In an unprecedented move, LIV Golf, the DP World Tour and PGA Tour recently announced that they would be merging to create a collectively-owned and unified entity. To say this news came as a shock is an understatement. For years, these organisations have been cutthroat rivals. Even at the time of the announcement, litigation between all parties was still pending. On the surface, this truce comes as welcome news to fans and players alike. However, more than a few golf pros have raised an eyebrow about what this merger actually means for the future of the sport.
How Have We Got Here?
Despite only launching in 2022, the LIV Golf series has already attracted some big names. In 2022, Phil Mickelson turned his back on the PGA Tour to explore the more lucrative opportunities offered by the Saudis. He wasn’t the only high-profile player to break ranks from the PGA Tour and DP World Tour. Over the past 12 months, the likes of Sergio Garcia, Dustin Johnson and Cameron Smith have all done the same.
The PGA has had plenty to say about LIV’s underhand tactics. According to some reports, Johnson was offered a joining fee of around $150 million. Mickelson is said to have pocketed an eye-watering $200 million. For many players, the appeal of this breakaway golf tour is obvious. Despite the staggering sums up for grabs, players could look forward to fewer rounds of 18 holes than if they were competing in the PGA Tour or DP World Tour.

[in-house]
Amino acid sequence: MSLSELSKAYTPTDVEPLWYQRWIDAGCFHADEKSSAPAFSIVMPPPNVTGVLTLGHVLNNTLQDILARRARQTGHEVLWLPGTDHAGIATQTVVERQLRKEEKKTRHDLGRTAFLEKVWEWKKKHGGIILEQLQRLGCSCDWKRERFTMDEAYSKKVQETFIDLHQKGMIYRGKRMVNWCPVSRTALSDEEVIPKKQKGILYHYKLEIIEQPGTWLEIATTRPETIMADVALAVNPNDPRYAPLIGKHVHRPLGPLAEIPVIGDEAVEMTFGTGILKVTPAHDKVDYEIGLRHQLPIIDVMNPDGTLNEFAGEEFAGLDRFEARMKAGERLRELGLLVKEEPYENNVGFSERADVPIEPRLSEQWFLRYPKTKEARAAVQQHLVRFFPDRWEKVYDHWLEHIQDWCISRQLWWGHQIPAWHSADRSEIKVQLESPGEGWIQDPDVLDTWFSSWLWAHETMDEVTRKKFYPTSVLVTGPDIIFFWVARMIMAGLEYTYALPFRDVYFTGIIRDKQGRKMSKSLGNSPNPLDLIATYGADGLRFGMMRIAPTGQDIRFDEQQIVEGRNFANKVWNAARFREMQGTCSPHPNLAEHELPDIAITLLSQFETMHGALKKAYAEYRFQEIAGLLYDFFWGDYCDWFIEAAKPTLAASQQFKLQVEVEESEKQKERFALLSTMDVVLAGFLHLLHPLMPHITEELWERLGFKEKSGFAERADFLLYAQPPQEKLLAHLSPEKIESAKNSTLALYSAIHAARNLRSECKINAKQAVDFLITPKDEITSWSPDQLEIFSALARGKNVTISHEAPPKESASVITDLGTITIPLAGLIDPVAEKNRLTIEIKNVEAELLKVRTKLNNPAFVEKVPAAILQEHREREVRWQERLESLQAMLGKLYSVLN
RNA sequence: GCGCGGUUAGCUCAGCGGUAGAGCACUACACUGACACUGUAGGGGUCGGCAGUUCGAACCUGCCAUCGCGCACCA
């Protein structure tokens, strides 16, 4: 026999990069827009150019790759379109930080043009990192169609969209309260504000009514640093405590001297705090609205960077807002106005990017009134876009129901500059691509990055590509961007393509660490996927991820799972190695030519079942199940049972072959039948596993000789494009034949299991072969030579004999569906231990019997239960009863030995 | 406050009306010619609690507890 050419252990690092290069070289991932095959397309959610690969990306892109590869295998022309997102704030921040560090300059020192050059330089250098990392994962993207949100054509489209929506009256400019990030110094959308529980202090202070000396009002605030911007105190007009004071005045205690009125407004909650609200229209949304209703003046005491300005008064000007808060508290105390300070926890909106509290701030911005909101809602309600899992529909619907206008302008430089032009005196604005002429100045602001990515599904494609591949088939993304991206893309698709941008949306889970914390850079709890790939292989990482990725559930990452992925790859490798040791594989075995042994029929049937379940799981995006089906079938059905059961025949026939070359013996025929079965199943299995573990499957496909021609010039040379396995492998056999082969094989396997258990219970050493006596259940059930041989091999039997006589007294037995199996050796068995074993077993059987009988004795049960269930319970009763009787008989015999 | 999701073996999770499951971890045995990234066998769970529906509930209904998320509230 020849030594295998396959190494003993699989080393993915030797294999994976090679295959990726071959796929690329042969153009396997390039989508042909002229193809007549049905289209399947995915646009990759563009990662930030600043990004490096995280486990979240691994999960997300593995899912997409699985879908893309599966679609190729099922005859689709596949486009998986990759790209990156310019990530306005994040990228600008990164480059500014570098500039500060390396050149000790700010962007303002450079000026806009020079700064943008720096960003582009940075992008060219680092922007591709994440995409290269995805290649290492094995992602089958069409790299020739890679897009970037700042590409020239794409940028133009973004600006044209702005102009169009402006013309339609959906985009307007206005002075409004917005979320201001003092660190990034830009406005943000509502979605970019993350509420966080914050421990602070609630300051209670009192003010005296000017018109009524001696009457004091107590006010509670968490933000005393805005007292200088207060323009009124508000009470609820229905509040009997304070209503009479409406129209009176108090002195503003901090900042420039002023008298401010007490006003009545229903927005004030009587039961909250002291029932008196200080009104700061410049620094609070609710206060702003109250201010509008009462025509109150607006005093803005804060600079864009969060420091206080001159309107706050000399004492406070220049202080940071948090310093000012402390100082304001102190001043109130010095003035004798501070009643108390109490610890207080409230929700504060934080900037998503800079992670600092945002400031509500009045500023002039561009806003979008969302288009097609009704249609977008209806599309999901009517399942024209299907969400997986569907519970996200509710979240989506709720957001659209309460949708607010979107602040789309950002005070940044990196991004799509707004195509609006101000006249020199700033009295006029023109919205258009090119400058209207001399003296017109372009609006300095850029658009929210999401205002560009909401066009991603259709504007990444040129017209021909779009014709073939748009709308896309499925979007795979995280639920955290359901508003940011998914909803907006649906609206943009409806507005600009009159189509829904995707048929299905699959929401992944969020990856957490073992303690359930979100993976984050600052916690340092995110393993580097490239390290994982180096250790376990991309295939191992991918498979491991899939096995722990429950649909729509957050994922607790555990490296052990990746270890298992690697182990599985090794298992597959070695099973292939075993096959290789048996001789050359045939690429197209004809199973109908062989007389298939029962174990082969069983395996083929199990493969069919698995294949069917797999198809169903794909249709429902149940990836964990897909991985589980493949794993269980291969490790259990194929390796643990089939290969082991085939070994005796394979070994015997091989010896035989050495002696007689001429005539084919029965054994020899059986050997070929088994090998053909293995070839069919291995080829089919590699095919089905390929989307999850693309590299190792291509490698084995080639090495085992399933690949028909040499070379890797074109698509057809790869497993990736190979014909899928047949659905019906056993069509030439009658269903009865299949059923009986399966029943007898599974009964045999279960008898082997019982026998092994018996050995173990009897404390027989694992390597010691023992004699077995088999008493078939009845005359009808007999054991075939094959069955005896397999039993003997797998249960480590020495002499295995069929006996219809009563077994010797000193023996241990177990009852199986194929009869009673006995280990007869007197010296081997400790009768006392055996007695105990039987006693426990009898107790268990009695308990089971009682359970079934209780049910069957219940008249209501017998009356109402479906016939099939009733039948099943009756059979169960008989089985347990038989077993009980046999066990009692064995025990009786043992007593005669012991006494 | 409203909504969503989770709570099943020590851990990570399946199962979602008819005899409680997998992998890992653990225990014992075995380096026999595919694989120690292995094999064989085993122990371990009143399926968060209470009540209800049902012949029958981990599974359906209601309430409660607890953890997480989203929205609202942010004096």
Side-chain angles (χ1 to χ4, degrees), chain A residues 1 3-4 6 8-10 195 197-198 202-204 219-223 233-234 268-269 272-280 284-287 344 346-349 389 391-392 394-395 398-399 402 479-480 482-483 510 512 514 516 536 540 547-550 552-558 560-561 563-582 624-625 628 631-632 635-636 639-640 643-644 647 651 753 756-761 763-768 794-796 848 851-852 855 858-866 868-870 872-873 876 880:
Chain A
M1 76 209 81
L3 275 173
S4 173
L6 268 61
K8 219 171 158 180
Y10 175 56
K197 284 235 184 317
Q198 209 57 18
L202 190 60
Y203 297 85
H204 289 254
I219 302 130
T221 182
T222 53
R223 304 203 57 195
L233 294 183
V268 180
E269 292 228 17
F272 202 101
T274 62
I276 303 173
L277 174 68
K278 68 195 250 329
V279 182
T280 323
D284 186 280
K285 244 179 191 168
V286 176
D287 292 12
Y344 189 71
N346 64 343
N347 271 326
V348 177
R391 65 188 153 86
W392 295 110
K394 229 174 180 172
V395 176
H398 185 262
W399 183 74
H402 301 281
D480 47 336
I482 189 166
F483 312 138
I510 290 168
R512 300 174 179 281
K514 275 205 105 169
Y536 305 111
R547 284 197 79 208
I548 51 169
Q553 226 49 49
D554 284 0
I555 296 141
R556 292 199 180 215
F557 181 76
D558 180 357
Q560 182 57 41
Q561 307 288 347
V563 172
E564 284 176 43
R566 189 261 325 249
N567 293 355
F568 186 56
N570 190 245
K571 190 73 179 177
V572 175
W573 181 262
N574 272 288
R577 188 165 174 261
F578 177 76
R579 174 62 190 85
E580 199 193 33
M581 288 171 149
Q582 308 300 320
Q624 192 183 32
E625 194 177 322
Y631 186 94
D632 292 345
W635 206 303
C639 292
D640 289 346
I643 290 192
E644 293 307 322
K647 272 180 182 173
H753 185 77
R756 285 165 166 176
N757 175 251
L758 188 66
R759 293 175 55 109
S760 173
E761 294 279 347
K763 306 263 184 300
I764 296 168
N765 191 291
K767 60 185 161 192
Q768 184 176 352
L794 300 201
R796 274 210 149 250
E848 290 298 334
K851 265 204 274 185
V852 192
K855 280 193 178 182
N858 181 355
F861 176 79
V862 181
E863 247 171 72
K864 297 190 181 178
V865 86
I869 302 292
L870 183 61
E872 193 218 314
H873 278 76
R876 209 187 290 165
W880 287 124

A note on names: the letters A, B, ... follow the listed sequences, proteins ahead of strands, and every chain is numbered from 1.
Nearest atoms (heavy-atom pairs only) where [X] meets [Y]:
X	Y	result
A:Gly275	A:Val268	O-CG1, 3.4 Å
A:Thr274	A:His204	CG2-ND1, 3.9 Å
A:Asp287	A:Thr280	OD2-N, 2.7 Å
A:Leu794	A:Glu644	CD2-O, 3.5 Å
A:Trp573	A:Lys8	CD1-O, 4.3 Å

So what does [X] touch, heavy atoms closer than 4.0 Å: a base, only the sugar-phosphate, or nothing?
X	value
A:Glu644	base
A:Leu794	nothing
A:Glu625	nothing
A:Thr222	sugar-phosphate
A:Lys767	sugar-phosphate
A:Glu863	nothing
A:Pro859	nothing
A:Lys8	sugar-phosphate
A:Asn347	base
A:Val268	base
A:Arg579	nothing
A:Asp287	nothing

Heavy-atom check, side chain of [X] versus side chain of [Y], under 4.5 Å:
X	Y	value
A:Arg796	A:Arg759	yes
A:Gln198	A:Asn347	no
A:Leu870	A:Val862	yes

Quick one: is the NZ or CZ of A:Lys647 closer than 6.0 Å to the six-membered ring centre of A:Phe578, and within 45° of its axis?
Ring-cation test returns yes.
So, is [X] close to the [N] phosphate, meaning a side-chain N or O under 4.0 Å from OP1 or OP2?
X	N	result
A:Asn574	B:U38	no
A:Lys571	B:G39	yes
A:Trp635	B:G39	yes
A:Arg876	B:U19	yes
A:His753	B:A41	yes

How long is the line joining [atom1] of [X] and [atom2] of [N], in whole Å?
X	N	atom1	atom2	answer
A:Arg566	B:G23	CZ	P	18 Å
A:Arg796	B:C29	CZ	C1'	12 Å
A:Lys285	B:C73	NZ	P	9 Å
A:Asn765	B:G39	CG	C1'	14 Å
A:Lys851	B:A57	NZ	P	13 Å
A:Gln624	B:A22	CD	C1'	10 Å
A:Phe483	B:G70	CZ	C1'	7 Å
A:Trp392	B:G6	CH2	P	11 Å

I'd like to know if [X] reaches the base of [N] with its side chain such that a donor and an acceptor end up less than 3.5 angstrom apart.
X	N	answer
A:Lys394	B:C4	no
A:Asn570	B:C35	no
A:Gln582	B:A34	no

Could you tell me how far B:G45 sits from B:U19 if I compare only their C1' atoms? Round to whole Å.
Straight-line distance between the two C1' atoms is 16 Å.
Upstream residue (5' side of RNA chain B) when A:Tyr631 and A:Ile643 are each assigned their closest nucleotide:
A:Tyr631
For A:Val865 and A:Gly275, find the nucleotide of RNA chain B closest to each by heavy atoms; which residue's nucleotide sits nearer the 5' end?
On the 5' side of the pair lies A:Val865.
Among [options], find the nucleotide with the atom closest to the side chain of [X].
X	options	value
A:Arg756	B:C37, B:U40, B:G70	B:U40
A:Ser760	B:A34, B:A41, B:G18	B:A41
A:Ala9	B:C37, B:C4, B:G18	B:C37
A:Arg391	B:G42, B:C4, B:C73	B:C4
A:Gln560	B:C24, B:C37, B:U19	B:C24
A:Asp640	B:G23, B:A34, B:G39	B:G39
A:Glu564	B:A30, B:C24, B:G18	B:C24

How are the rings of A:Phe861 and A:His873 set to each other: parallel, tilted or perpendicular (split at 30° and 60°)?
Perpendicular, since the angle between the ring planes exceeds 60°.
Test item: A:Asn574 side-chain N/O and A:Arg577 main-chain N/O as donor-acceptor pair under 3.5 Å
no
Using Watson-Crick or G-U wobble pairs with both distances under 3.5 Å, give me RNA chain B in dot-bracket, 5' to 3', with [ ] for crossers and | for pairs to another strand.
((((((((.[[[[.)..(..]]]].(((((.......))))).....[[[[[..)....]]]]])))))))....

For many critics, this LIV Golf venture was just the latest ploy by the Saudis to polish the country’s public image in light of its human rights record. Ethical concerns aside, LIV has also come under fire for disrupting the world of men’s golf. For many in the golfing fraternity, including the likes of Rory McIlroy, the newly-established LIV series has wreaked havoc on the wider golfing schedule.
Merger, Partnership or Something Else?
Although heavily reported as a merger, it’s worth looking at the language used in this announcement. As far as the PGA Tour is concerned, this enterprise is less a merger and the first step in creating an entirely new entity. What’s more, the announcement won’t cause any disruption to the 2023 golfing calendar.
Although no major reshuffles have been announced, news of this partnership does come with plenty of caveats. For one, any pending lawsuits between LIV Golf, the PGA Tour and DP World Tour are now null and void. What’s more, anyone competing in the LIV series who’s been dealt a suspension by the PGA or DP World Tour are now eligible to apply for membership once again.
Unsurprisingly, reaction to the news outside of the UAE has been lukewarm at best. The PGA Tour was roundly criticised when organisers made significant changes to the schedule to bring it more in line with what was being offered by LIV. Questions have also been raised at news of the involvement of Saudi Arabia’s Public Investment Fund. With the largest sovereign wealth fund on the planet at its disposal, Saudi Arabia’s stake in men’s golf is now bigger than it’s ever been.